Nine years after his release from prison, Barron Jones has become a leading advocate for criminal justice reform in New Mexico.

Following several years as a reporter for Española newspaper the Rio Grande Sun, he left for the ACLU of New Mexico in January to lead a project of his own. Now, Jones solicits input about criminal justice reform from people who have felt its effects, including both the formerly incarcerated and victims of crime.

ACLU-NM’s Campaign for Smart Justice is part of a national effort by the organization to significantly reduce the number of people incarcerated in America, which is the highest in the world and costs about $1 trillion annually when factoring in social costs. Jones agrees that any serious effort at reform must include the perspectives of people who’ve been through the ringer.

“The goal of the Smart campaign is to pressure [New Mexico] politicians by bringing folks to meetings to say how the system has impacted their lives,” Jones tells SFR. “How families are separated, how they can’t get employment, how their parents are in prison.”

The ACLU is one group generating ideas for three interim meetings scheduled for mid-July, where two bipartisan legislative committees will discuss various ideas for an omnibus criminal justice reform bill. Some lawmakers believe the departure of Gov. Susana Martinez at the end of year represents the first opportunity in a long while to pass laws that would cut back some of the social costs of incarceration that lead to further imprisonment, and save the state money from not opening new prisons. For example, Martinez vetoed legislation to limit the use of solitary confinement and help former inmates get jobs.

Rep. Antonio Maestas (D-Albuquerque), who co-chairs the interim Criminal Justice Reform Subcommittee, says the package is possibly the “first ever” major legislation of its kind in the state. It would implement various alternative-to-incarceration ideas like greater investments in diversion and rehabilitation programs for lower-level offenders, and would also address some of the collateral consequences of convictions, like the inability to find work, that lead to more crime and recidivism.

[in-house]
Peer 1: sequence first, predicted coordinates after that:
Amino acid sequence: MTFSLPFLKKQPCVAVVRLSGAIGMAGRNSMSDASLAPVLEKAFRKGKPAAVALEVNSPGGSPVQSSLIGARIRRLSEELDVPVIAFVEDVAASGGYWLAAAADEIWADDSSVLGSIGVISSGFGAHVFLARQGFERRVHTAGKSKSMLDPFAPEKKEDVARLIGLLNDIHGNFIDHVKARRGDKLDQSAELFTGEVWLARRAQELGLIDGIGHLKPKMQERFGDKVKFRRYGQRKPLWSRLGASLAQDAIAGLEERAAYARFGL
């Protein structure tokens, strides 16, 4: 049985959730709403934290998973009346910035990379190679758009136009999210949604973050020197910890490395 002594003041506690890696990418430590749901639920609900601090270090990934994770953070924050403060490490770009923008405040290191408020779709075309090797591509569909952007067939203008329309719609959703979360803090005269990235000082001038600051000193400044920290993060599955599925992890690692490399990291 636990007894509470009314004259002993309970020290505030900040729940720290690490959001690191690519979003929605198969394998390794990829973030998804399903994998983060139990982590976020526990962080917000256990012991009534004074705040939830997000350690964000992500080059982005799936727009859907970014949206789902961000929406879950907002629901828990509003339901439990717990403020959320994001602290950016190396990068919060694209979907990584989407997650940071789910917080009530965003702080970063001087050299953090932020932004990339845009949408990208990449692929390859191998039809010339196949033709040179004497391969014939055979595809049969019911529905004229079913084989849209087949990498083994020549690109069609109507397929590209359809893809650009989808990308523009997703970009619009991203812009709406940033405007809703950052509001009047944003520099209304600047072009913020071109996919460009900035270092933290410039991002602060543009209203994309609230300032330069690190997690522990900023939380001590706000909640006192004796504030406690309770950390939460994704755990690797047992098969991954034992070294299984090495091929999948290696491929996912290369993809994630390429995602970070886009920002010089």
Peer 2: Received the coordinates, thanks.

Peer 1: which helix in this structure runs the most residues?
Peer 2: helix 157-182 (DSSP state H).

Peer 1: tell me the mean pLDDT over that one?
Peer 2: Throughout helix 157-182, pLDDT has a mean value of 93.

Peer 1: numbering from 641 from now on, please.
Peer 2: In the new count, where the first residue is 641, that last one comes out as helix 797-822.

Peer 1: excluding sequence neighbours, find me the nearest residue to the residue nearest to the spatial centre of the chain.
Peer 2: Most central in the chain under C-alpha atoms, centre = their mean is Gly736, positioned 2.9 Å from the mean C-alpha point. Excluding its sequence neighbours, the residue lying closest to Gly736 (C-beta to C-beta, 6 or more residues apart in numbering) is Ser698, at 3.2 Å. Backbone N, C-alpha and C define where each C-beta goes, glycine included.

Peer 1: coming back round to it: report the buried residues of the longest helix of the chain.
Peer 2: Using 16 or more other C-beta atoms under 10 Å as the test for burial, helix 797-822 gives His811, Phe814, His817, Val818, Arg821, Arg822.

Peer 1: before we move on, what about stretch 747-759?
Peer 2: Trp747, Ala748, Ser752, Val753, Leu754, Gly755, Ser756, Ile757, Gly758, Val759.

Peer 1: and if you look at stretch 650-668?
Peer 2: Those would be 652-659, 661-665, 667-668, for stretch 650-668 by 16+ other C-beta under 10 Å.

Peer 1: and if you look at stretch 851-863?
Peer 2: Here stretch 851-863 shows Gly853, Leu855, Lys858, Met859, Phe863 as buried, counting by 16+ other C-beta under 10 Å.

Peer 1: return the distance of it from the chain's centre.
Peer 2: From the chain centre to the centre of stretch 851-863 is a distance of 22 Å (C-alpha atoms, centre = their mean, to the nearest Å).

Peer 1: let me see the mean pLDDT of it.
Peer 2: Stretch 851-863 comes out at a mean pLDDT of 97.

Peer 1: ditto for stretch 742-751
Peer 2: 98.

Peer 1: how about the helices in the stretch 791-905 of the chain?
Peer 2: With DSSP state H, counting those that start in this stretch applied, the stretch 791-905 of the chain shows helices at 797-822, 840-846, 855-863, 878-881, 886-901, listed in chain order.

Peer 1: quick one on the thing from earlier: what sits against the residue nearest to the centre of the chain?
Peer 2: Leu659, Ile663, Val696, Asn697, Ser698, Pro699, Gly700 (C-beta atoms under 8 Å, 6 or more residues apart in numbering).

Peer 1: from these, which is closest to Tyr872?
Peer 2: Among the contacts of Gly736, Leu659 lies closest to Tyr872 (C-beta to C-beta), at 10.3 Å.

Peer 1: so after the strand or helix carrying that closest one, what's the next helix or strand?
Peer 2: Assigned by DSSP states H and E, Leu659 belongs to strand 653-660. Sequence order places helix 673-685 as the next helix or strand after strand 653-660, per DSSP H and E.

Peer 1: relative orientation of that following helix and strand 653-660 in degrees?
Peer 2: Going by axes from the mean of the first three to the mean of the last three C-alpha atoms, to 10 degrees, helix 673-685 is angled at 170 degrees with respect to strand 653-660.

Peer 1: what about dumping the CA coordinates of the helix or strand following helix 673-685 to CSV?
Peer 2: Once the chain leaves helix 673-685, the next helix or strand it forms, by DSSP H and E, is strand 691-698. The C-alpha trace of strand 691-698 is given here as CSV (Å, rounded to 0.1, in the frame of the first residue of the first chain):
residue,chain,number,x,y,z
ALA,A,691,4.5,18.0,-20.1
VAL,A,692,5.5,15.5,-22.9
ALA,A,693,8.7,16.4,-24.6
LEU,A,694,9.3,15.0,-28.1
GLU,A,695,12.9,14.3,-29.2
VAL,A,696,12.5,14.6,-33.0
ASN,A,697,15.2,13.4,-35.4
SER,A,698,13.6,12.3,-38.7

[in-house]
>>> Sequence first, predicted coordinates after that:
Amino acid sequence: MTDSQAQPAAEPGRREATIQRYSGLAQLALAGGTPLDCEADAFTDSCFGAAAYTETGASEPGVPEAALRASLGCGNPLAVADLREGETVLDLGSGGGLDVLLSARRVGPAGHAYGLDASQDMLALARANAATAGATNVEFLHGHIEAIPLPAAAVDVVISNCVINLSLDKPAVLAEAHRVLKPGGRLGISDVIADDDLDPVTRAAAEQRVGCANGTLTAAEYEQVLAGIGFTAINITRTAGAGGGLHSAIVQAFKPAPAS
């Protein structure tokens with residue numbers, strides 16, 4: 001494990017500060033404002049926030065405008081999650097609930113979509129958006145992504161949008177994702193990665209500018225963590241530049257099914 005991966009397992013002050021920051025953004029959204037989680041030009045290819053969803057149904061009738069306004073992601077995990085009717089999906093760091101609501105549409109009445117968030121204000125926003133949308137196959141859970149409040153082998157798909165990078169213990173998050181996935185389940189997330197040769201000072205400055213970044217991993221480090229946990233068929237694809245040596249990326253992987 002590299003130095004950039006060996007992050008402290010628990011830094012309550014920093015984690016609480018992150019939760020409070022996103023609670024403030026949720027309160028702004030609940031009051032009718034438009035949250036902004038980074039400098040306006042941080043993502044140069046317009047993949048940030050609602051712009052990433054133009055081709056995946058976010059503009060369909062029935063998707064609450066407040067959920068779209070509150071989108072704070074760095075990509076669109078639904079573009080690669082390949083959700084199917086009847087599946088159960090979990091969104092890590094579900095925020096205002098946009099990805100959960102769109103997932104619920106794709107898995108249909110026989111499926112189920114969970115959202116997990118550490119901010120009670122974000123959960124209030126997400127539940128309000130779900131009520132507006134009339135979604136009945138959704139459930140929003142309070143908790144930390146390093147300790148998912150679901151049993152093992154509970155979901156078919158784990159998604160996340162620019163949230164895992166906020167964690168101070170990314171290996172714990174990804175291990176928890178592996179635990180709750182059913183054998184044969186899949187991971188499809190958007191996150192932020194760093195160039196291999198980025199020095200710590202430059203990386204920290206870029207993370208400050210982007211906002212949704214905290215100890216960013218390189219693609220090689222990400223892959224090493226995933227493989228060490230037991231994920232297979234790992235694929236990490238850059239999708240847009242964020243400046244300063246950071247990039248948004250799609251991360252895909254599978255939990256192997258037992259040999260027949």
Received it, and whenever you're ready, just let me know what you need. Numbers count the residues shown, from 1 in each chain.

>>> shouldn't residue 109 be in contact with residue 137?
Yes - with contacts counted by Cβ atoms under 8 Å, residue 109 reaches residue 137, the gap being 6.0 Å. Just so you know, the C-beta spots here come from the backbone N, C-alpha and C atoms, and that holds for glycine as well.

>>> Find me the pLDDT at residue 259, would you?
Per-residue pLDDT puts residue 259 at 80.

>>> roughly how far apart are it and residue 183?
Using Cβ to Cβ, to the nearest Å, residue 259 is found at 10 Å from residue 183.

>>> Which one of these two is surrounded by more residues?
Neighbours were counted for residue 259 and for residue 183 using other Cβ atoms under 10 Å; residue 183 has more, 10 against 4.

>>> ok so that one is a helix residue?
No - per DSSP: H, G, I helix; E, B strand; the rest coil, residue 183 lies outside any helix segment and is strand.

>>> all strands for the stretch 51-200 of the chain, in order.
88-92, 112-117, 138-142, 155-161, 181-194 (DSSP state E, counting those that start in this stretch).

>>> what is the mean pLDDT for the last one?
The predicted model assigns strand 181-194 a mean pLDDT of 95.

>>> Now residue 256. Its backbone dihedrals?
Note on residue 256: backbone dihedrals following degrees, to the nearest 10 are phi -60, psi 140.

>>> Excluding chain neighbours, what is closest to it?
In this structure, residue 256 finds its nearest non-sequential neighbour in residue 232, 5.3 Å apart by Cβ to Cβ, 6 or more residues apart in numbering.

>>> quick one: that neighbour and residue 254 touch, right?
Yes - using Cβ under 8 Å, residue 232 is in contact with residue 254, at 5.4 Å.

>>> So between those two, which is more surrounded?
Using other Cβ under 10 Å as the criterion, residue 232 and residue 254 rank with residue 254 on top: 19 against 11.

“I think the big thing we must do is some sort of expungement law to give relief for folks with dings on their criminal history,” Maestas tells SFR by phone. “Once you pay your debt to society, you shouldn’t continually have to come into road blocks.”

The state’s Sentencing Commission predicts New Mexico’s prison population will steadily increase by 14 percent through 2027. Prison facilities for men and women are already experiencing overcrowding today. New Mexico is also one of 16 states where at least 40 percent of people in state prison were convicted of property or drug offenses. Finding ways to intervene here is key to reform, says Paul Haidle, an attorney at the ACLU who studies consequences of convictions.

“The answer is going to be either for us to build more prisons, or change how we’re incarcerating people,” Haidle says.

A major driver of incarceration rates is actually incarceration itself, which hinders people from re-integrating into society in a number of ways. One online database funded partially by the federal Department of Justice lists at least 680 various consequences for a felony conviction in New Mexico.

Many consequences are specific to licensed careers like law, medicine and nursing, dimming future career prospects. Obtaining things needed to run a business becomes essentially impossible. Other consequences directly affect more people than the convict; for example, the entire household of a person accused of fleeing to avoid felony prosecution or violating probation or parole can become ineligible for food stamps.

Then there’s the whole social stigma surrounding a conviction, which can’t easily be legislated away. It makes it harder not only to find employment, but housing too.

Senator Bill O’Neill (D-Albuquerque), an advisory member of the interim Courts, Corrections and Justice Subcommittee, knows this well. Prior to his ongoing stint in the Legislature, he led the Dismas House transitional living program for formerly incarcerated people. In the early 2000s, the organization tried to buy a house for its anchor site in Santa Fe, on Richards Avenue near Walgreens, but NIMBY locals ran them out of town. The house is now in the North Valley of Albuquerque.

“I think people need to understand that people are coming out of prison anyway,”  O’Neill tells SFR. “Ninety percent of inmates are released. Would you rather have them in supportive residential programs? … I think strongly that an investment in this would pay dividends, [and] it’s borne out in statistics in other states that have gone down this road.”

Rep. Maestas says many of the provisions that could be included in the omnibus bill come from legislation that had already been passed but vetoed in the past. He’s especially adamant about disallowing the Motor Vehicles Department from suspending licenses for small traffic violations and failure to appear in court.

“States throughout the country reject [the practice]; we don’t need prosecutors and cops and courts dealing with people who owe 50 bucks,” he says.

Anybody with other good ideas can show up to the interim meetings at the Roundhouse July 16 through 18, or to a Smart justice program meeting at the Center for Progress and Justice on July 16 with Barron Jones. He especially invites both crime survivors and the accused to show up.

“I believe folks who have had similar experiences as myself, they’ve fallen through the cracks,” Jones says. “Having their voices help us shape our legislative platform.”

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